Where the claim must recite a judicial exception, a case why the claim elements, individually or in combination, add significantly more to the judicial exception (Step 2B) must be made. Examiners may reject the additional elements in the claim as not “something more” because they are routine and conventional in the art. However, such assertions must be substantiated by the examiner, typically by citing a technical publication. Patent applicants may rebut this evidence by providing contrary evidence, perhaps by way of declaratory statement by an expert in the relevant art, that the additional elements are not in fact routine and conventional.
For multivariate diagnostic methods, the “something more” could be established if the combination of markers provides a different or more precise diagnosis that could be established by the use of a single marker alone. In addition or alternatively, the method itself might utilize steps or techniques that are not routinely combined, to provide an enhanced or novel outcome.
In addition, when the method directs a physician to select a therapy or treatment option, the addition of the treatment step to the claim may be a strategy to overcome a lack of patent-eligibility rejection, provided the treatment itself is not too generic.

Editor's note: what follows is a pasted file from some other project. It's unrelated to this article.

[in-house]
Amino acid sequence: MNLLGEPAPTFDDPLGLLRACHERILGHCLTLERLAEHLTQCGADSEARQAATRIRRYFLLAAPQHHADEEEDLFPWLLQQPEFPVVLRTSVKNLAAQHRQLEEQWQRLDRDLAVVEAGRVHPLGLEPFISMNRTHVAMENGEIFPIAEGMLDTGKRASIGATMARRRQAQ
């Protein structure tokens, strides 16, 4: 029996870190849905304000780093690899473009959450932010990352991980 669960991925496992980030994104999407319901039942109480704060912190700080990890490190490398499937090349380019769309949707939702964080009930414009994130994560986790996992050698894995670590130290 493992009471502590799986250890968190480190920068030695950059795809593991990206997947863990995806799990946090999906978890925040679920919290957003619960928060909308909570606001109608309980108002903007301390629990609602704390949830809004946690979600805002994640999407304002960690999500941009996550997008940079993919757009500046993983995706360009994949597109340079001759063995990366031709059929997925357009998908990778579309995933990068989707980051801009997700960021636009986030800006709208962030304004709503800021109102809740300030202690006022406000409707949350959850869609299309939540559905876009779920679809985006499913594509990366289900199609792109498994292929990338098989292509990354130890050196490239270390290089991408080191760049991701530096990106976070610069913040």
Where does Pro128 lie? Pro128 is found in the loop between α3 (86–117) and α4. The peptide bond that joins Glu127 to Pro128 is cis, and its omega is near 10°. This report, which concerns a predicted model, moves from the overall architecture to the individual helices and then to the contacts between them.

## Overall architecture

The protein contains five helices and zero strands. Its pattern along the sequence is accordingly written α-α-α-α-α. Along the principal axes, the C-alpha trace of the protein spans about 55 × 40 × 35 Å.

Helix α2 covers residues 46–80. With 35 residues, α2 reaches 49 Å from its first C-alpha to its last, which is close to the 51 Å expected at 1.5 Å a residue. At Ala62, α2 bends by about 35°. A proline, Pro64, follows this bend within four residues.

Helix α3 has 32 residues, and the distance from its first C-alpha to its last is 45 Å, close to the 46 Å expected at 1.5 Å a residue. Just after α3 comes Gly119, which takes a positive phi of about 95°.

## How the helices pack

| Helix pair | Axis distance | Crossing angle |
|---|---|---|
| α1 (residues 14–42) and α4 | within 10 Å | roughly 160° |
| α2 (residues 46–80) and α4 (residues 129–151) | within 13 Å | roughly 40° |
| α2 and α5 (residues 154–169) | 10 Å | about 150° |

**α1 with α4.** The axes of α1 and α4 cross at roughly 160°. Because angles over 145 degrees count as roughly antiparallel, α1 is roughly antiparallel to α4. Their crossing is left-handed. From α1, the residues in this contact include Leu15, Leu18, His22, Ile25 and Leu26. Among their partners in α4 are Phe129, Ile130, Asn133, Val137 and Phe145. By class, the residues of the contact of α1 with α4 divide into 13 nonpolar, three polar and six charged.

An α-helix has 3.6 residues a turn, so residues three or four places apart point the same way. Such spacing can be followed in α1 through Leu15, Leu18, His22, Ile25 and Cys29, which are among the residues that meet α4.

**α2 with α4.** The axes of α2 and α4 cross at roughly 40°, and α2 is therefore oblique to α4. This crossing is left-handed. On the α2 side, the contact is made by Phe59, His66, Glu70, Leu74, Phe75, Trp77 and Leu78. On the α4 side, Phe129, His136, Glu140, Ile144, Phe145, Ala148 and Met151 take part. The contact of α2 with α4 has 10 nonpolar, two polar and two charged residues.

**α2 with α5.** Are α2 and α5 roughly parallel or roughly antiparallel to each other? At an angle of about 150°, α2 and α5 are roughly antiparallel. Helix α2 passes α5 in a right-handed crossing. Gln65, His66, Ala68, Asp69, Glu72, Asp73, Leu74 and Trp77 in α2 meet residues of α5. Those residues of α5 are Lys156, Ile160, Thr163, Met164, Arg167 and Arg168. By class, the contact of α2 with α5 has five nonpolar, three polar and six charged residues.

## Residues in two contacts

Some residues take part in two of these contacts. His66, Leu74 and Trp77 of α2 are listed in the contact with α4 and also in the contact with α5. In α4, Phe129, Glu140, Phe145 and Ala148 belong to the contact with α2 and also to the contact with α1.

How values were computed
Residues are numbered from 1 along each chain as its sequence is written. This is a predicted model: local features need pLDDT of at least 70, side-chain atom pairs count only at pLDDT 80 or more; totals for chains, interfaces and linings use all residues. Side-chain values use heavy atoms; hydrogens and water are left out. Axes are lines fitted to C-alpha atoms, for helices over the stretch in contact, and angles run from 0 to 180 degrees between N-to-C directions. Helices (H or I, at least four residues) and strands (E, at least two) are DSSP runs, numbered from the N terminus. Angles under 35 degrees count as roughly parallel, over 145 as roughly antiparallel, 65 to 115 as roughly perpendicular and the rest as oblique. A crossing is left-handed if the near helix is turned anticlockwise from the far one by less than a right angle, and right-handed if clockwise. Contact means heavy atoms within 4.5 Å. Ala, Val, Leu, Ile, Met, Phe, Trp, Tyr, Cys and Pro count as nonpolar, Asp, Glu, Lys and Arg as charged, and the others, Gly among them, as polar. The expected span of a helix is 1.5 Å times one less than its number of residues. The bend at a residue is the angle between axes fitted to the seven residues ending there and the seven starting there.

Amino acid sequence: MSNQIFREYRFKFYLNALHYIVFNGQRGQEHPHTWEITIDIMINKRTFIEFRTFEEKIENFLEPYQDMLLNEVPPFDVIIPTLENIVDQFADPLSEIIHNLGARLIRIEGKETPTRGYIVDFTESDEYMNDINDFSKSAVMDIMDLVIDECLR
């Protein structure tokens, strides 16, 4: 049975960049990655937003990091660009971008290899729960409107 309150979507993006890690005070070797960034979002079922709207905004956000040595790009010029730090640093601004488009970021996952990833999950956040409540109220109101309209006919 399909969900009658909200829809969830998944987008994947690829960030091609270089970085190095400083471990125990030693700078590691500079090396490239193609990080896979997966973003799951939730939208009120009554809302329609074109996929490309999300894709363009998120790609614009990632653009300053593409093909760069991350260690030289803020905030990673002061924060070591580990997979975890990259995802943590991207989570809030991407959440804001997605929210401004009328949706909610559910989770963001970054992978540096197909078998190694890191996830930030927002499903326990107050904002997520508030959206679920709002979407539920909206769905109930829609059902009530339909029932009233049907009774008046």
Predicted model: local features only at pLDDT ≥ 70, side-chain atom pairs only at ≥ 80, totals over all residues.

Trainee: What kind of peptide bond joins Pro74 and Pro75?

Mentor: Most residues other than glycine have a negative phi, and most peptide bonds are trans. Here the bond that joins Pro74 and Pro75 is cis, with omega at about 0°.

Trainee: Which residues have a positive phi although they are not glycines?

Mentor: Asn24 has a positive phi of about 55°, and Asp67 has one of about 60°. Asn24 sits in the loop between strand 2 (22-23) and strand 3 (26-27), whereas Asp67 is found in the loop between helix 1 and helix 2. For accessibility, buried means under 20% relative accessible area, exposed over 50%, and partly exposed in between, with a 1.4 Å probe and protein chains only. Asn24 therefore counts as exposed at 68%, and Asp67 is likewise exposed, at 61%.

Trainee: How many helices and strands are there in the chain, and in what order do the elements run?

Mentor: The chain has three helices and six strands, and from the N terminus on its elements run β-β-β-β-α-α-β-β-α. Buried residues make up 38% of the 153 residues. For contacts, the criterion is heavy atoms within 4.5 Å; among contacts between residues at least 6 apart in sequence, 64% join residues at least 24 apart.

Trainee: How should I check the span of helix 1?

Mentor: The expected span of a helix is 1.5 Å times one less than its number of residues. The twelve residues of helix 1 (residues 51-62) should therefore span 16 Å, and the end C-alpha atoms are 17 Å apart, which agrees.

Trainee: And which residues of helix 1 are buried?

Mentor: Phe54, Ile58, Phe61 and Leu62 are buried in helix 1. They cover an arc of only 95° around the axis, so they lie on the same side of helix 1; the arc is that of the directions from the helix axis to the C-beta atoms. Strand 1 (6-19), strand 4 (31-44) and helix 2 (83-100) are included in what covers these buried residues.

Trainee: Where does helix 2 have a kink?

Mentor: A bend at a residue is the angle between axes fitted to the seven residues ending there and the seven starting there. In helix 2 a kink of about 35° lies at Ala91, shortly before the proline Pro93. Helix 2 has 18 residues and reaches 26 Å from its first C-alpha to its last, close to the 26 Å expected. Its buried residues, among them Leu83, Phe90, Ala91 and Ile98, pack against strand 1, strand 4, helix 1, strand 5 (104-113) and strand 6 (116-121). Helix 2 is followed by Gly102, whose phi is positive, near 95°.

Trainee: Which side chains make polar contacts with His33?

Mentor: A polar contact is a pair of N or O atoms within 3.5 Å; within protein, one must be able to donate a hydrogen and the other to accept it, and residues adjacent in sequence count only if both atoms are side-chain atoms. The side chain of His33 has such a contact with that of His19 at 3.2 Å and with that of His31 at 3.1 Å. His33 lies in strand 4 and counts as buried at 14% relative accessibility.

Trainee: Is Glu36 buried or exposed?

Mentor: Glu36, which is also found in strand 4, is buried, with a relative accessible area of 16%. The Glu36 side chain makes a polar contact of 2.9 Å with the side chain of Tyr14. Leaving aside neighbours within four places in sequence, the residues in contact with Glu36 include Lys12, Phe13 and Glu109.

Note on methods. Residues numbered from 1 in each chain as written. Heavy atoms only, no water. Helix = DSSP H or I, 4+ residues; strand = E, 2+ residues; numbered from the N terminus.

Products of Nature
Natural products, for example isolated nucleic acids, proteins and stem cells, provide significant challenges under the new guidelines, as the therapeutic value of many of these inventions lies in its similarity to a natural product. Under the 2-part analysis, patent-eligibility can be established if there are features or characteristics that distinguish the claimed product from its natural counterpart. A possible strategy is to add new claim elements that provide features that distinguish the claimed invention from the natural product. For example, claiming the product as a composition that contains additional elements such as preservatives or stabilizers can provide the claimed product with distinguishing characteristics or features. For example, the addition of additional peptides to a protein or peptide fragment may enhance solubility or cell penetration, and thus may provide the markedly different characteristics to establish the combination as patent-eligible.
The New Reality
There is no doubt that obtaining patent protection for life science inventions is more challenging in light of the US Supreme Court’s recent 101 jurisprudence. However, that is not to say that patenting is precluded. The preceding strategies as suggested by the USPTO provide useful avenues to move beyond the current challenges.
In Stanford University v. The Chinese University of Hong Kong (Fed Cir. No 2015-2011, June 27, 2017), the Federal Circuit vacated and remanded interference decisions on the ground the Patent Trial and Appeal Board (“Board”) applied the incorrect standard in determining whether a patent specification satisfies the written description requirement. The decision is interesting because it is yet another review of patents related to prenatal detection of fetal DNA, and because the Federal Circuit addressed when post-filing evidence can be used to establish possession of a claimed invention.